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Re: Chapter 1 : The Missing Taylor (818 words) Mystery Novel
« Reply #7 on: October 20, 2018, 10:14:30 AM »
Thank you.

I appreciate it.

RC

Offline hillwalker3000

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Re: Chapter 1 : The Missing Taylor (818 words) Mystery Novel
« Reply #8 on: October 21, 2018, 03:34:57 PM »
 
Quote
“Ready? Go!”
These were the last words my tactical leader pronounced before a terrible explosion abruptly severed his carotid artery. I knelt alongside his twitching body, forgetting the mission. My hand on the side of his neck felt the flow of warm blood between my trembling fingers, impossible to stop. And so, my colleague died almost instantly. I lost a close person for the first time.

This reads rushed, I'm afraid.
The lack of drama when you describe the death of the tactical leader is problematical. 66 words that fail to deliver, especially as the entire event seems to have been forgotten by the following paragraph. It's as if you pressed a doorbell to get someone's attention then ran away.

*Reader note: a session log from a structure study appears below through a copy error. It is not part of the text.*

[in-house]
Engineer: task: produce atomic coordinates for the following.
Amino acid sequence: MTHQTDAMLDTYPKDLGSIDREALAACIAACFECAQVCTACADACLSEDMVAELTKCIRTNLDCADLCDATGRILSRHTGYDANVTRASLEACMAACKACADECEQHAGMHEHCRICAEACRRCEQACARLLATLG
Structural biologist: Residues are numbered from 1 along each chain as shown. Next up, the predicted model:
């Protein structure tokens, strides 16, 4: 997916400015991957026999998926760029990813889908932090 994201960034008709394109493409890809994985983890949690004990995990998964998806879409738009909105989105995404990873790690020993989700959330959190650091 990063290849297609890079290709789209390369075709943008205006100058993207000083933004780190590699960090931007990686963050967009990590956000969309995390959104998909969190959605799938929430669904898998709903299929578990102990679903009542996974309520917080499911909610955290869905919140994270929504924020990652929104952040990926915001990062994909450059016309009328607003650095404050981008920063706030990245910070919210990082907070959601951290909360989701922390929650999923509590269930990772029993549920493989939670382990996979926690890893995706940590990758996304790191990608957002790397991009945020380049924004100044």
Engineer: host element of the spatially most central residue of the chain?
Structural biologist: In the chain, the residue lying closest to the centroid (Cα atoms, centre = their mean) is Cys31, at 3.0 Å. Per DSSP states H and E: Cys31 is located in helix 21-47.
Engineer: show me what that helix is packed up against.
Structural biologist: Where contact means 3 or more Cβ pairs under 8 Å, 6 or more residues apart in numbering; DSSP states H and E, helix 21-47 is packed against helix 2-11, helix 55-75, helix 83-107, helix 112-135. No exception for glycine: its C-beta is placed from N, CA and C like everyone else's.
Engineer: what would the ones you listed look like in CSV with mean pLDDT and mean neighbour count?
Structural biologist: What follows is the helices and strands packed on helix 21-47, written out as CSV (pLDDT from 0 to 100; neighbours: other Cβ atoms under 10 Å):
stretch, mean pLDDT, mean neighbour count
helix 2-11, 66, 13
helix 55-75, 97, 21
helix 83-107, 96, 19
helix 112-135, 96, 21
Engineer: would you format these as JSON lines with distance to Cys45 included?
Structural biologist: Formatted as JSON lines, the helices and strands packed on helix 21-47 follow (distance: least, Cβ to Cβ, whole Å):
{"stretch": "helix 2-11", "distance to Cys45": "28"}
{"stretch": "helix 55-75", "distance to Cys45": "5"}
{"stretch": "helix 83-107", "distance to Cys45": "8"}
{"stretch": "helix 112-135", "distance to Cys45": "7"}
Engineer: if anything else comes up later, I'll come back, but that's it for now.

Quote
A week ago, in the FBI situation room, a planning session was underway...

Much of what follows is 100% tell. It reads like a witness statement, lifeless and heavy on facts - recording events that will presumably lead up to your story. Unfortunately, by the time I reached that 'crucial day' I had already lost interest.

And the dialogue is difficult to take seriously:

Quote
“Jason Tanner, don’t you dare do this again, you understand me?” she said, her voice trembling. The love of my life discovered in high school was by my side. Laura's teaching profession is safer than an FBI agent, still, with little warning, she left our world before me.

My advice, spend 9 hours reading for every hour spent writing. Watch how the professionals handle tension and action without making it read like a rather flat summary of events.

H3K